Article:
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       Moon Signs, p.13

           Helen Haught Fanick


  We helped Ivy make turkey sandwiches while the vegetable soup heated. When we brought trays of food to the lobby, I could hear a noise from upstairs. It sounded like a drill, but who would be using a drill on a snowy Sunday evening? I walked over to the desk. “What’s going on upstairs?”

  “Stefan’s installing a peephole in his door,” Maggie murmured. “He got the tools from the shed last night, but it was too late for drilling then. He didn’t want to wake anyone.”

  So, he knew he was in danger before we talked to him. Otherwise, why would he be installing a peephole in his door after being here for three years with no peephole? Somehow, I thought there was a lot more going on than Andrea and I were aware of, but I didn’t think Maggie was about to reveal any secrets. And I was glad that explained his disappearance out the back door last night. He was going to the shed to find the drill. “When he’s through, buzz him and tell him food’s ready. We’ll eat when he comes down.”

  Ivy had gone to get David and Asbury, so Andrea was alone at the fireplace. “Stefan’s installing a peephole in his door,” I told her. “I’ll bet he was in his room last night, but he didn’t want to open the door without knowing who was there.”

  The others came back in after stomping off the snow at the back door, so Andrea didn’t have a chance to say anything. Asbury and David brought folding chairs from the kitchen and completed a circle with them at the fireplace. Then Stefan came downstairs and said something to Maggie at the desk. As usual, I couldn’t hear. “Come and eat,” I called to them.

  None of the other guests had taken advantage of the offer of free food. Were they in their rooms, or out roaming somewhere in the snow? Maggie and Stefan got soft drinks from the machine in the alcove for themselves and David. Andrea, Tillie and I brought coffee from the kitchen, and we all dug in. When we finished, Andrea and I helped Ivy clean up, then she went to the house with Asbury and David, reminding of school tomorrow if the roads were clear.

  By the time we got back to the lobby, Stefan had disappeared. Andrea, Maggie and I sat down by the fireplace. I was sitting there wondering how I could pry some more information from Maggie when we heard a noise at the front door. It sounded like someone else stomping snow.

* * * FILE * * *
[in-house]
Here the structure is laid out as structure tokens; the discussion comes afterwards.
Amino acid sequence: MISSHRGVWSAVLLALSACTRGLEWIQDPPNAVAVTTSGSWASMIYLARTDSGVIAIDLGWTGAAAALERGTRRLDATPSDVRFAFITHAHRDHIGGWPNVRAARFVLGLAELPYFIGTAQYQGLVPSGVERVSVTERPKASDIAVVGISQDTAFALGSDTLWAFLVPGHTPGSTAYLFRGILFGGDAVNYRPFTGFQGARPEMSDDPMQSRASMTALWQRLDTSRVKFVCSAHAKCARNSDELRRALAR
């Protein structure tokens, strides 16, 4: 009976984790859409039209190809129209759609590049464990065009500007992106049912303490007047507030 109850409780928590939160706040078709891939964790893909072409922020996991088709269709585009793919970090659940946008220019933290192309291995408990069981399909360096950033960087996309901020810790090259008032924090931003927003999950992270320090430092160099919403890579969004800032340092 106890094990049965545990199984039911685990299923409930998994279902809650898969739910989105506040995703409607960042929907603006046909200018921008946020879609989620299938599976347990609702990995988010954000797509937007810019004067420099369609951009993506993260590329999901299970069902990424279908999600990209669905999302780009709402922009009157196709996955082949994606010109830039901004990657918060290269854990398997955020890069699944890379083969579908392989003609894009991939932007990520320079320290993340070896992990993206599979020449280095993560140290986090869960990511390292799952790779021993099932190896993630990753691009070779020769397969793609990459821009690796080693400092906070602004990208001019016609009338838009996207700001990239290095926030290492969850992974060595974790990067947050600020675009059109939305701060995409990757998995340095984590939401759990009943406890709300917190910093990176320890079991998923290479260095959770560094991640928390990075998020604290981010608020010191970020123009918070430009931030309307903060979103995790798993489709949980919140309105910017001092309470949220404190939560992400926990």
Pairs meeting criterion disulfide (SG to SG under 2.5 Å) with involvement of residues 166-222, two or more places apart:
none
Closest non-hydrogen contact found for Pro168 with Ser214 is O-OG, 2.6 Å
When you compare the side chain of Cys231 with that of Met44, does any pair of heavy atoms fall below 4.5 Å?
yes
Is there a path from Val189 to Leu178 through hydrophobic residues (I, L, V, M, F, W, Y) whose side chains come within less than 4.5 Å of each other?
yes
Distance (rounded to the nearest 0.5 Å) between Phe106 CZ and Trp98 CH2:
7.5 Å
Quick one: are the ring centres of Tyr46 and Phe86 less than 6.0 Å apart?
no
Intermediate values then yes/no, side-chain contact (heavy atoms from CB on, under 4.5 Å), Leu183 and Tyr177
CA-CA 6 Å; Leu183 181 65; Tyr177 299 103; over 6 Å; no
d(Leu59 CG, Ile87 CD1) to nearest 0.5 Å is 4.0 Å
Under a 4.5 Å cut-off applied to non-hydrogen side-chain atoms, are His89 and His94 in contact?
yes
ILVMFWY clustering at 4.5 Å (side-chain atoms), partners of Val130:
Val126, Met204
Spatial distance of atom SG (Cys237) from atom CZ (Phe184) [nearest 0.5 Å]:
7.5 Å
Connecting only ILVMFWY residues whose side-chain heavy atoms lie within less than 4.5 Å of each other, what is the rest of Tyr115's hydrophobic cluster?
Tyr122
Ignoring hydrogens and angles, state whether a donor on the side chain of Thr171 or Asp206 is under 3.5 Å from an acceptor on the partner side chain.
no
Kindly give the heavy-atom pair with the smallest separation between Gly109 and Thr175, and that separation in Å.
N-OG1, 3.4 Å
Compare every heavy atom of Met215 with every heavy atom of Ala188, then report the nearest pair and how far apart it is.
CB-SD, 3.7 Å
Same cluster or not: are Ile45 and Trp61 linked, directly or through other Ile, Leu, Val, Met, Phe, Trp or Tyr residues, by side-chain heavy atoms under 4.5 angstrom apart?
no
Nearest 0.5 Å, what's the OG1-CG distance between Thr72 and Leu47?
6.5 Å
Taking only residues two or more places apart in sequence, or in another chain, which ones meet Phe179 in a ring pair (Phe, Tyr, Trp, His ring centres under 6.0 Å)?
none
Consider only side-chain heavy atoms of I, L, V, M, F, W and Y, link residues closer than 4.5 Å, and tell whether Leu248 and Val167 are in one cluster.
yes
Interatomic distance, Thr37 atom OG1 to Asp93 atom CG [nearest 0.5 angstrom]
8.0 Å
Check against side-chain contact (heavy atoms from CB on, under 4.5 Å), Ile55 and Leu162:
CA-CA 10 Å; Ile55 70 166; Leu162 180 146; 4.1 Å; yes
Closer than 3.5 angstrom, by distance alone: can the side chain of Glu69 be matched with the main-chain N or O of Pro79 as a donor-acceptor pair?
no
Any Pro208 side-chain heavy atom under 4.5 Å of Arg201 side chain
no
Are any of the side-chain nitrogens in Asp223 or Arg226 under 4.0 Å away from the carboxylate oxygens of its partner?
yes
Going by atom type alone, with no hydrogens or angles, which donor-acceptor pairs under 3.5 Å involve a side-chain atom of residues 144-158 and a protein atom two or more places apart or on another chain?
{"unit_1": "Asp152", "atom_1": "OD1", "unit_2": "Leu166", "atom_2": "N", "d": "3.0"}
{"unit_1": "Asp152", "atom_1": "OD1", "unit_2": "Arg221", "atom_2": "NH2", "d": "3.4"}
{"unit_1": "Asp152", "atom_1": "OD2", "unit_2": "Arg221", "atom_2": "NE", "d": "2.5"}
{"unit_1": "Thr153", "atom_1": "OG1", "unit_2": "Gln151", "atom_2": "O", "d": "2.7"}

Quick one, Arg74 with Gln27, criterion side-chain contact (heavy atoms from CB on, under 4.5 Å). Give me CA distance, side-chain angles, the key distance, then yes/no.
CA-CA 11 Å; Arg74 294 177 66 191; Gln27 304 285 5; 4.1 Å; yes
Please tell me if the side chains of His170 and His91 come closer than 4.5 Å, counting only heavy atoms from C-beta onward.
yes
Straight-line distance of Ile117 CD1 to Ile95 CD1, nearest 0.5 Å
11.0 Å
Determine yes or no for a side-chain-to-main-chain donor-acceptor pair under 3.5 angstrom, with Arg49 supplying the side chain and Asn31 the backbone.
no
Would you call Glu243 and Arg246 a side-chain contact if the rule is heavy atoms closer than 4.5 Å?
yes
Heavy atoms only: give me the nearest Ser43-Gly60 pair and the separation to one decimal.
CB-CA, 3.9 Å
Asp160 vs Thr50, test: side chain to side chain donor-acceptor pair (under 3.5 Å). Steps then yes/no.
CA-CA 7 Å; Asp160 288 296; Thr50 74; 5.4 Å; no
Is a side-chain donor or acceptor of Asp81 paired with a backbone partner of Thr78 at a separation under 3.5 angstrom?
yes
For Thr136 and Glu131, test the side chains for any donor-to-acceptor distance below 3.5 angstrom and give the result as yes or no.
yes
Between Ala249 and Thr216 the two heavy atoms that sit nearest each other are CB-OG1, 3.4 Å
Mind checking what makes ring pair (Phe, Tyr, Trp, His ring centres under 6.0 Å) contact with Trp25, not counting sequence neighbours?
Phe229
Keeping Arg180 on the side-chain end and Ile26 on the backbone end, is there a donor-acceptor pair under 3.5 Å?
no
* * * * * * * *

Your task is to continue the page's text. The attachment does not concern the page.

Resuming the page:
The door opened and a woman walked in. She threw back her hood, and as she got closer I could see she was a striking blond. She came to the couch and sat beside Maggie. She unzipped her coat, a gorgeous red number with a fur-lined hood, but left it on.

  “Hi Eva,” Maggie said. “This is Eva Weiss. These are my aunts, Andrea Flynn and Kathleen Williamson. Eva’s staying just down the road.”

  She stood up and shook our hands. “I’m very glad to meet you.” She remained standing and turned to Maggie. “Is Stefan in?”

  “Sure. I’ll ring him.”

  “Don’t bother. I’ll go on up. I want to offer my condolences on the death of Olga. I just heard about it.” She went to the stairs and started up.

  Somehow, I suspected she wanted to offer a whole lot more than her condolences. Her bright blue eyes had a sparkle that said, “My husband’s away and I want to play!”

  “I wonder where her husband is,” I whispered after I heard her knock and a door open and close. Stefan had made the first use of his peephole.

  Maggie was looking grim. “I heard he had to return to Germany on business. He left a couple of weeks ago, and I’m not sure when he’s coming back.”

  Andrea didn’t look all that happy herself. “Does she visit Stefan often?”

  “She’s done it a few times,” Maggie said. “I think she does it just to irritate me, and believe me, it does.”

  “Take it easy,” I said. “She’s married, and it’s undoubtedly innocent.” I wasn’t at all sure this was true, but Maggie looked like she needed some consoling.

  She sat back, looking as if she were embarrassed by letting us know Eva got to her. Would this be the time to question her more closely about her relationship with Stefan? There was too much tension in the air, and I decided against it.

  “Did we tell you that we saw Eva walking on the highway on the evening Olga was killed? As we were returning from the lodge, we saw her turn into the driveway of the house down the road. Then we came in and found Olga.”

  “I didn’t know that,” Maggie whispered. Her eyes were wide. “Are you thinking she might have killed Olga?”

  “It’s only one of many possibilities,” Andrea said. “If Franklin Stuart’s death is connected, what reason would she have to kill him? For that matter, what reason would she have to kill Olga?”

  We heard the door open upstairs, and then saw Eva coming down with Stefan at her side. Well, she hadn’t stayed long, and that should make Maggie feel better. She came over and told us goodbye, and Stefan walked her to the door. He came back and sat by Maggie.

  “Have you known Ms. Weiss long?” Andrea asked.

  “For years. She and her husband went to school with me. It was quite a surprise when they showed up here in the Canaan Valley. They had decided, like we did, that it would be a good place to spend some time.”

  I’m not sure why this bit of news gave me a chill. Probably because there was obviously so much going on around here, and Andrea and I were out of the loop.

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